The expected change in monetary policy is the most important concern for the investment professionals who responded to the survey conducted by CFA Institute. We also asked what respondents expected for the equity risk premium over the coming 12 months and looked at barriers for investment in Africa and the expected developments in the international currency markets over the coming year.
The survey was conducted in October in anticipation of this year’s European Investment Conference. CFA Institute invited 7,000 members in Europe via e-mail to participate. We received 200 valid responses for a response rate of 3% and a margin of error of ±6.8%. The top job functions of respondents are portfolio manager (20%), research analyst (9%), risk manager (9%), strategist (7%), and investment banking analyst (6%). The majority of respondents are located in United Kingdom (20%), Germany (15%), Switzerland (12%), and France (6%).
Let’s look at the survey results in more detail.
The Most Important Emerging Theme in the Markets
Given the focus on monetary policy and economic recovery in the United States, it probably comes as no surprise that the majority of respondents (58%) named “an end to easy monetary policy” as the most important theme emerging in the markets right now. The risks posed by China’s slowing growth received the second largest number of votes (35%), while the third most popular answer, rising bond yields (33%), seems closely related to the concerns about monetary policy.
Survey participants were able to select more than one answer, which is why these numbers do not add up to 100%, but the fact that only 5% of respondents chose “Other” shows that financial professionals share many of the same concerns.
Expected Equity Risk Premium in the Next 12 Months
More than half of the respondents think that the equity risk premium, the extra return that investors demand over and above a risk-free rate, will be 4–5% for the next 12 months. Using the difference in compounded returns on US stocks and on 10-year US Treasury bonds, professor Aswath Damodaran estimated the average equity risk premium for US stocks from 1961 to 2012 was 4.02%.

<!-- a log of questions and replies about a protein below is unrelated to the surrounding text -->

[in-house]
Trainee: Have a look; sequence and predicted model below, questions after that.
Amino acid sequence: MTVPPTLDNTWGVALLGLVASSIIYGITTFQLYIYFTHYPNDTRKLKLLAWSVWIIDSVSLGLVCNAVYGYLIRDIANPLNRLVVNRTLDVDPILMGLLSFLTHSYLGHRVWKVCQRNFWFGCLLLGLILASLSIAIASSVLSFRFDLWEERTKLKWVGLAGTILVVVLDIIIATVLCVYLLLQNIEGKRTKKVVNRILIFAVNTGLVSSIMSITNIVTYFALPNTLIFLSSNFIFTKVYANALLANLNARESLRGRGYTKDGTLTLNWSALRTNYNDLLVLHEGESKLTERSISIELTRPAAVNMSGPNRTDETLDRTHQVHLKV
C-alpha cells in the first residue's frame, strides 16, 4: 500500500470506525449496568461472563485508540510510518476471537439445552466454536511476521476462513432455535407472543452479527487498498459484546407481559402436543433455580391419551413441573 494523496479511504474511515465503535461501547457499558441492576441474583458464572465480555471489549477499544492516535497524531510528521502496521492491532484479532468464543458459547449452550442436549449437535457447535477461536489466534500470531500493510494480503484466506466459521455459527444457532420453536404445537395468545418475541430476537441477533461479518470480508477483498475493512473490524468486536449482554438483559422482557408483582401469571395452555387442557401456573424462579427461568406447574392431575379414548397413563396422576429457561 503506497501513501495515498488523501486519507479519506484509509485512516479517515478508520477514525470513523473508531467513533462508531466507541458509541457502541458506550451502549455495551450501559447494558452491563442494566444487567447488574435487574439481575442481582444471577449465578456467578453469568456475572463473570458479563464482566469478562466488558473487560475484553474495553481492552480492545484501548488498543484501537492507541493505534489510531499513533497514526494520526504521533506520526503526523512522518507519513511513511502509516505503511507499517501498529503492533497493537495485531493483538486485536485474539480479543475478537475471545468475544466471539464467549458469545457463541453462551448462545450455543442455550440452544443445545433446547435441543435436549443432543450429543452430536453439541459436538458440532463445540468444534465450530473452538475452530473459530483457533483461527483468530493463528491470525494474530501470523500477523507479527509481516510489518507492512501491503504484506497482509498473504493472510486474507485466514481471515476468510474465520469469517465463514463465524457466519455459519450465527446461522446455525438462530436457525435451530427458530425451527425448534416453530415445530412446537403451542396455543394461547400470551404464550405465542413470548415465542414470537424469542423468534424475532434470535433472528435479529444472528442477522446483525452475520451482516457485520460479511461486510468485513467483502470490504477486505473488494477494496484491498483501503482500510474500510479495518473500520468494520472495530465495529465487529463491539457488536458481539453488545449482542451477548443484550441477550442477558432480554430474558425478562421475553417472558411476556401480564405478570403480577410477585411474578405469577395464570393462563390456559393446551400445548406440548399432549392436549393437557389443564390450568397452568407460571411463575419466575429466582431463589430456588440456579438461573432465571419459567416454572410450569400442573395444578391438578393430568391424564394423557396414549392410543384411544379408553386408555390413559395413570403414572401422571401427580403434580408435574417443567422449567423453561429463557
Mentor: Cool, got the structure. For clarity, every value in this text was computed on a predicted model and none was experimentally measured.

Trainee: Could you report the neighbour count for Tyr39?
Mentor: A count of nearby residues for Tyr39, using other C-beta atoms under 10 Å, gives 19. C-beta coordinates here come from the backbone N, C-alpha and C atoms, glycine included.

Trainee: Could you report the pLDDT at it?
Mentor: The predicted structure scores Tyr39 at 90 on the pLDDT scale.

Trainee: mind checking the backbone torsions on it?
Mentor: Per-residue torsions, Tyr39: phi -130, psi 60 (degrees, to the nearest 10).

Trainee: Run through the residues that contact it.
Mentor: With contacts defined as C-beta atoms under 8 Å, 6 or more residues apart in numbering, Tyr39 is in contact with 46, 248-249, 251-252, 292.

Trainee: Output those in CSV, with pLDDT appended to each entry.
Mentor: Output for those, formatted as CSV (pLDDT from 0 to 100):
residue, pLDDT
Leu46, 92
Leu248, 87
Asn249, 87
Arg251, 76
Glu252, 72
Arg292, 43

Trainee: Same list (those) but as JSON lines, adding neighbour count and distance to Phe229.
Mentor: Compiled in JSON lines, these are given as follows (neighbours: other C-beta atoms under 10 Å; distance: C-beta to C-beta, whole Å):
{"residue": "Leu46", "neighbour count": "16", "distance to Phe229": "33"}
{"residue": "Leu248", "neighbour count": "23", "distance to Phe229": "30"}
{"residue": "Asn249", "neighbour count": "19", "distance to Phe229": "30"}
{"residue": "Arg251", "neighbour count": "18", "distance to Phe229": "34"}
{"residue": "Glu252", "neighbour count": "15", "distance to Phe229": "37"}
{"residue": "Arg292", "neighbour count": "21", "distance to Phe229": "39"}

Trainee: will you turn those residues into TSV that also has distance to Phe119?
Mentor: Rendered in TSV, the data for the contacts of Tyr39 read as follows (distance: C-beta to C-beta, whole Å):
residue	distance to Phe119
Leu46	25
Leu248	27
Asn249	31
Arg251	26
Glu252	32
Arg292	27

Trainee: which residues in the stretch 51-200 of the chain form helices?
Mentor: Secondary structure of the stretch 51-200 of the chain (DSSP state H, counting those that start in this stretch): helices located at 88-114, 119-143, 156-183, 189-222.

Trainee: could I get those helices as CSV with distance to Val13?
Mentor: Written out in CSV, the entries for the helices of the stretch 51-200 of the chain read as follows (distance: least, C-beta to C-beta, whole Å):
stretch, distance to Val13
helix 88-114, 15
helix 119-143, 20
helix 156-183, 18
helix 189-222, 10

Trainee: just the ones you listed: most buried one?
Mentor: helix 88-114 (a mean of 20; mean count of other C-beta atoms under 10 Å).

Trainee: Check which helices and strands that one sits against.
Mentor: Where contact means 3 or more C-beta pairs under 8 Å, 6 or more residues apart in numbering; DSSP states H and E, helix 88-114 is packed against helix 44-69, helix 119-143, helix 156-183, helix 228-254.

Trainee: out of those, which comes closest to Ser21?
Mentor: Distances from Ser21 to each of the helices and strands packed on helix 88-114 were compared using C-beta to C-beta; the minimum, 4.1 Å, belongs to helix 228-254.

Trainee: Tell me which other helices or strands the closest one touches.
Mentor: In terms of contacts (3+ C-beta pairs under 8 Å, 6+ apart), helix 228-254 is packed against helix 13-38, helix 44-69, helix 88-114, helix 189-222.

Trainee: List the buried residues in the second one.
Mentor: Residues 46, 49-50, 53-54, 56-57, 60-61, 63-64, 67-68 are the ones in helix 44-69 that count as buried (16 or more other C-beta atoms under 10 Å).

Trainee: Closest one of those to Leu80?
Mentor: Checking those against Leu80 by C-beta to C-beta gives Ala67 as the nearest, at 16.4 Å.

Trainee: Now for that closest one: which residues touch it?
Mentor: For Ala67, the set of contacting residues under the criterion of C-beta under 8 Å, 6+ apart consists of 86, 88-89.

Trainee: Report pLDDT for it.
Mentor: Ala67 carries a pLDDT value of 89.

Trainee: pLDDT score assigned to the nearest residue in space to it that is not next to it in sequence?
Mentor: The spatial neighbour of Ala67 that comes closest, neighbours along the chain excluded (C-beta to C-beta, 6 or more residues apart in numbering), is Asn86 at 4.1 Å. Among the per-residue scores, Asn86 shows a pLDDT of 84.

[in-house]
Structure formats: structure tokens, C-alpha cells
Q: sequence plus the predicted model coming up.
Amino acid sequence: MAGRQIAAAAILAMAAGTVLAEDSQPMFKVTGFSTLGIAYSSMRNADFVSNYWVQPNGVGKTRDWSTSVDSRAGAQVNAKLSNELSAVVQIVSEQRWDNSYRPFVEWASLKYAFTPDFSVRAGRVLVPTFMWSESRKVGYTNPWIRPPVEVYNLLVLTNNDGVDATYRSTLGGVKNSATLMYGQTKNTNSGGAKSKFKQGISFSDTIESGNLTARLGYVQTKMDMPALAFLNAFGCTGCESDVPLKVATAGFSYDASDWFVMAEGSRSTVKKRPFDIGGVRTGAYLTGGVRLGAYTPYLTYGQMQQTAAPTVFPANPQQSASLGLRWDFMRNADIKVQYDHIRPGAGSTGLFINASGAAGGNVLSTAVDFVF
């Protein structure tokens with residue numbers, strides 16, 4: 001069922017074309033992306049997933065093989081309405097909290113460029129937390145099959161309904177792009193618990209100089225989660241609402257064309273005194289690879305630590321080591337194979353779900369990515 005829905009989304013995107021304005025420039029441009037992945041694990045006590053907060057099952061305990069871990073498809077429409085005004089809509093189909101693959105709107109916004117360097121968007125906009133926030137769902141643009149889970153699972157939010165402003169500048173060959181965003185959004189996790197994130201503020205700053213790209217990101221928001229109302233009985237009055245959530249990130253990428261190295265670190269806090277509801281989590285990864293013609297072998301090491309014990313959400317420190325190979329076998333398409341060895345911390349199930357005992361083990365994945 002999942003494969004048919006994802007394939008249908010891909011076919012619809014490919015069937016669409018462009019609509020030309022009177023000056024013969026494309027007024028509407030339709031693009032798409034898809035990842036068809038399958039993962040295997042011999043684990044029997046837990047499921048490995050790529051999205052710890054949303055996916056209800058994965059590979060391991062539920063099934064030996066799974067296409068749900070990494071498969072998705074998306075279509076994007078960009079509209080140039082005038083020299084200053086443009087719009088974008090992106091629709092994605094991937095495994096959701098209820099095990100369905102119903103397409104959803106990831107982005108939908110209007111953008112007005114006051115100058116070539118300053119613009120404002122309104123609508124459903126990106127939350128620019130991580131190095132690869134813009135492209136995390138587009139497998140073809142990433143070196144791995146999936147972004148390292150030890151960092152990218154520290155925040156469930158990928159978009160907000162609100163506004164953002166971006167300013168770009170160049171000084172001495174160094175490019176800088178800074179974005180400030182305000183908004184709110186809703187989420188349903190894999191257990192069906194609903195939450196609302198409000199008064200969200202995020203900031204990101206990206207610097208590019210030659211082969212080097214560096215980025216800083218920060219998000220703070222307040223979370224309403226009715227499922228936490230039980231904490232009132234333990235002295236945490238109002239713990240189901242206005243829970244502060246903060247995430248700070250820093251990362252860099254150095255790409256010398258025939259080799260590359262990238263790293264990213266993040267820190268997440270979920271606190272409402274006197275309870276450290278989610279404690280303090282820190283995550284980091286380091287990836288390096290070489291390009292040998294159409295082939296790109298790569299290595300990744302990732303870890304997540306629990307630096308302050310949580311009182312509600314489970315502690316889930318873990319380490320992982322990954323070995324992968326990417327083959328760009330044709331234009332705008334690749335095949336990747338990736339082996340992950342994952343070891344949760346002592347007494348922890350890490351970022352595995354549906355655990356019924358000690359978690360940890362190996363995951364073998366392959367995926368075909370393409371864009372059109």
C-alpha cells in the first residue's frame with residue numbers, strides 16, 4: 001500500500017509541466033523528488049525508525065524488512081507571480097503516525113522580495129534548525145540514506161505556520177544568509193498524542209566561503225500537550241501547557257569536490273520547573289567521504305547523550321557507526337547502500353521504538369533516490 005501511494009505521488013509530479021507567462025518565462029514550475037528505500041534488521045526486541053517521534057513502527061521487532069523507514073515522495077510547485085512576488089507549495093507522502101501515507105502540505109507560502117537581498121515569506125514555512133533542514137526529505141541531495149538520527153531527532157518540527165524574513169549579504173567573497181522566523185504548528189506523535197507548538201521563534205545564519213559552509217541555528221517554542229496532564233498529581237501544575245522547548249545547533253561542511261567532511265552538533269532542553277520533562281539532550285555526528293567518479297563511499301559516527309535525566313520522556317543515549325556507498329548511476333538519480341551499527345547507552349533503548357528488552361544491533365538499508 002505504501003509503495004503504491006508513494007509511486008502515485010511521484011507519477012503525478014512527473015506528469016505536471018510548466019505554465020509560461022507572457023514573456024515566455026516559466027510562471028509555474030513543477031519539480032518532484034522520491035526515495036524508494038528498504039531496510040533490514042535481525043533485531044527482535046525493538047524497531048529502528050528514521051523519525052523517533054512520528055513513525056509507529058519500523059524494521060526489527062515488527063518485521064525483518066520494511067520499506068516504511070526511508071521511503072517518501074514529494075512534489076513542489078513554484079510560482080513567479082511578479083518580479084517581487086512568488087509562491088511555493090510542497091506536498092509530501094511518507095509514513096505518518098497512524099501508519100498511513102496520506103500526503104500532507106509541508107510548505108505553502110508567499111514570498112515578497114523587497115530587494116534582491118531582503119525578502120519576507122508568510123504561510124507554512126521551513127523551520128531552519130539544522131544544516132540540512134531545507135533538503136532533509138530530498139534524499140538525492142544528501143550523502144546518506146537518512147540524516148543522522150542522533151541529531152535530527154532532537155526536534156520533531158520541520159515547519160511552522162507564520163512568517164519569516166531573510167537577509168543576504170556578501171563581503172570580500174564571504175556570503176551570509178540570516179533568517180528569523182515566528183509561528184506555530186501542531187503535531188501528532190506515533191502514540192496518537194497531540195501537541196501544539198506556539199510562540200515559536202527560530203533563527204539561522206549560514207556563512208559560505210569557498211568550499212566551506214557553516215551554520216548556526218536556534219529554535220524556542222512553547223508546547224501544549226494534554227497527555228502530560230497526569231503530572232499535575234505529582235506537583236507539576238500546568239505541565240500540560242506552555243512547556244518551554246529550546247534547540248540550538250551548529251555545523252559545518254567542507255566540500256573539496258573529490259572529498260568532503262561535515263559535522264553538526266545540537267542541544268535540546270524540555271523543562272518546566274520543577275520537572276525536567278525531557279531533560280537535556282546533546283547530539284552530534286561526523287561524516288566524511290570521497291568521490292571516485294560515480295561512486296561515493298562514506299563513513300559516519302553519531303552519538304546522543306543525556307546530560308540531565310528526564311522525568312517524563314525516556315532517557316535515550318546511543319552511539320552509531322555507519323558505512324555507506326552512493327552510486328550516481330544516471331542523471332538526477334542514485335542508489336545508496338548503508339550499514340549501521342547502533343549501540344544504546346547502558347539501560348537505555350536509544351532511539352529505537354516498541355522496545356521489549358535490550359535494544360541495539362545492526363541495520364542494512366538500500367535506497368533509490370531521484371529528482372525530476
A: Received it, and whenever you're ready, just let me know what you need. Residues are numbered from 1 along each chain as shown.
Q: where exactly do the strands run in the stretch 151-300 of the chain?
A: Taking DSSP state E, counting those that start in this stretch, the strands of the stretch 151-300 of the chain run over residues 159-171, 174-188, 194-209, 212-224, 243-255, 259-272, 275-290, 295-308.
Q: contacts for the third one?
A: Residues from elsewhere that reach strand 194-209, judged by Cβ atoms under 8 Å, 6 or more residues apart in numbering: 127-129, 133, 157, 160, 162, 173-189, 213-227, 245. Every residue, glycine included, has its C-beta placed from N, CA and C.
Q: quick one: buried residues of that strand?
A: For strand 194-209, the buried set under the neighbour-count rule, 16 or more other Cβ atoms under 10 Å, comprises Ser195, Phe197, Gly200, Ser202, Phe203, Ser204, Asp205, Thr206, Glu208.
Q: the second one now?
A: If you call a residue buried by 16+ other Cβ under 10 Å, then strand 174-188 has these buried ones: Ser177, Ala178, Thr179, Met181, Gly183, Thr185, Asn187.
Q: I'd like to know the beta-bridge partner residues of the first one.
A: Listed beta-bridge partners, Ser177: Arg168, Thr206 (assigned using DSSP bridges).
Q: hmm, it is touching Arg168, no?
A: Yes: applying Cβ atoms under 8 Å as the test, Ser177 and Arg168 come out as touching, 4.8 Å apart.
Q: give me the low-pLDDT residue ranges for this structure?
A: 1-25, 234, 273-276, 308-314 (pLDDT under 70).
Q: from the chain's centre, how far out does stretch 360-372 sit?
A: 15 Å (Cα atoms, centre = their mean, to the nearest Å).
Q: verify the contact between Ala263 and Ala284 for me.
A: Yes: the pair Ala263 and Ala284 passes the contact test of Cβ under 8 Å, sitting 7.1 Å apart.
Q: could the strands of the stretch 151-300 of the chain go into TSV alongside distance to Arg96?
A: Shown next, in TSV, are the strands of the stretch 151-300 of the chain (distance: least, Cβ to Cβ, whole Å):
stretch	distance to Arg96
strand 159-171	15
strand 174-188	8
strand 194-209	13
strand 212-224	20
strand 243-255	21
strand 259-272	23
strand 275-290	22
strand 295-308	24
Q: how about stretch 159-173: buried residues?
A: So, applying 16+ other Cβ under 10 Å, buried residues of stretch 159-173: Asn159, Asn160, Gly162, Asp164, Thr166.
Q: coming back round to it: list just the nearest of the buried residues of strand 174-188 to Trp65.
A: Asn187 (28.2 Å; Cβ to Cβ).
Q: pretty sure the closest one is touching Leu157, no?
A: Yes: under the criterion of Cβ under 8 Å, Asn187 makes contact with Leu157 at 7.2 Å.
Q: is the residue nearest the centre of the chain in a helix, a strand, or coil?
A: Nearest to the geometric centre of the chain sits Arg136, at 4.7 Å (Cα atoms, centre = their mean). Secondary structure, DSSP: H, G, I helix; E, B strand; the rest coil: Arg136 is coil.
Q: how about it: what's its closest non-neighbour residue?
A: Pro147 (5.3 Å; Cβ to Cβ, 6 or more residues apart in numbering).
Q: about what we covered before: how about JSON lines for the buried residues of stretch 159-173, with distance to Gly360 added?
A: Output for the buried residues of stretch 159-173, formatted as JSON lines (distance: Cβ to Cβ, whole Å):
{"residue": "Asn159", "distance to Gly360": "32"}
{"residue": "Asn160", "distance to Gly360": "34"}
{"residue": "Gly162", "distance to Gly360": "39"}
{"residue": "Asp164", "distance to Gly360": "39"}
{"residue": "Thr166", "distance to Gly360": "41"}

A rising equity premium shows the triumph of fear over hope (and vice versa), but whether the respondents are bullish (bearish) on the stock market depends on whether they expect the premium to decrease (increase) from their current estimates.
Barriers to Investing in Africa
Survey respondents named economic governance as the key barrier to investing in Africa, showing less concern for economic fundamentals. The four largest barriers named were as follows:
- Lack of sufficient information and illiquid markets (29%)
- Insufficient legal protection for investors (23%)
- Corruption (21%)
- A poor perception due to political risk (15%)
Respondents were least concerned about poor perception due to humanitarian issues (only 1%).
Size of Active Investment Management
A growing body of academic literature has cast doubt on the ability of fund managers to beat the market consistently, and a clear majority of respondents (60%) agreed that the aggregate size of active management is larger than what could be justified by financial performance.
While passive investing is reportedly on the rise, available estimates suggest that actively managed funds still dominate the market place. This survey confirms that there is cynicism within the ranks of the investment profession regarding active management’s ability to deliver alpha for its clients. The debate on active-versus-passive investing is far from resolved, however.
The Most Likely Outcome in International Currencies
Amid the chatter about currency wars, 38% of respondents think that the most likely scenario is competitive currency devaluation by major blocs.
There is, however, no agreement among the respondents as to the most likely outcome, with answers including a strengthened Chinese renminbi (20%) and weaknesses in the commodity-linked currencies of Australia, New Zealand, and Canada (16%).
Earlier this year, at one of our conferences, Avinash Persuad noted that devaluation provides no long-term solution and what drives currency is not growth or interest rates but inflation; he went on to say that inflation is highly political, as it helps determine allocation of wealth in a country.
The Most Important Lesson from the Financial Crisis
The most important lesson learned from the financial crisis, according to 31% of the respondents, is that short-termism is not sustainable. That should not come as a surprise to anyone working in financial services.
But there are other lessons: there are flaws in the regulatory system (25%) and financial incentives need to be better aligned with duties to clients (24%). In fourth place, still managing to attract 14% of the responses, was the concern over too many agents and vested interests.
All of these lessons are arguably important, and it will be interesting to observe how future regulation and market structures will embed these lessons to avoid a repeat of the global financial crisis.
Please note that the content of this site should not be construed as investment advice, nor do the opinions expressed necessarily reflect the views of CFA Institute.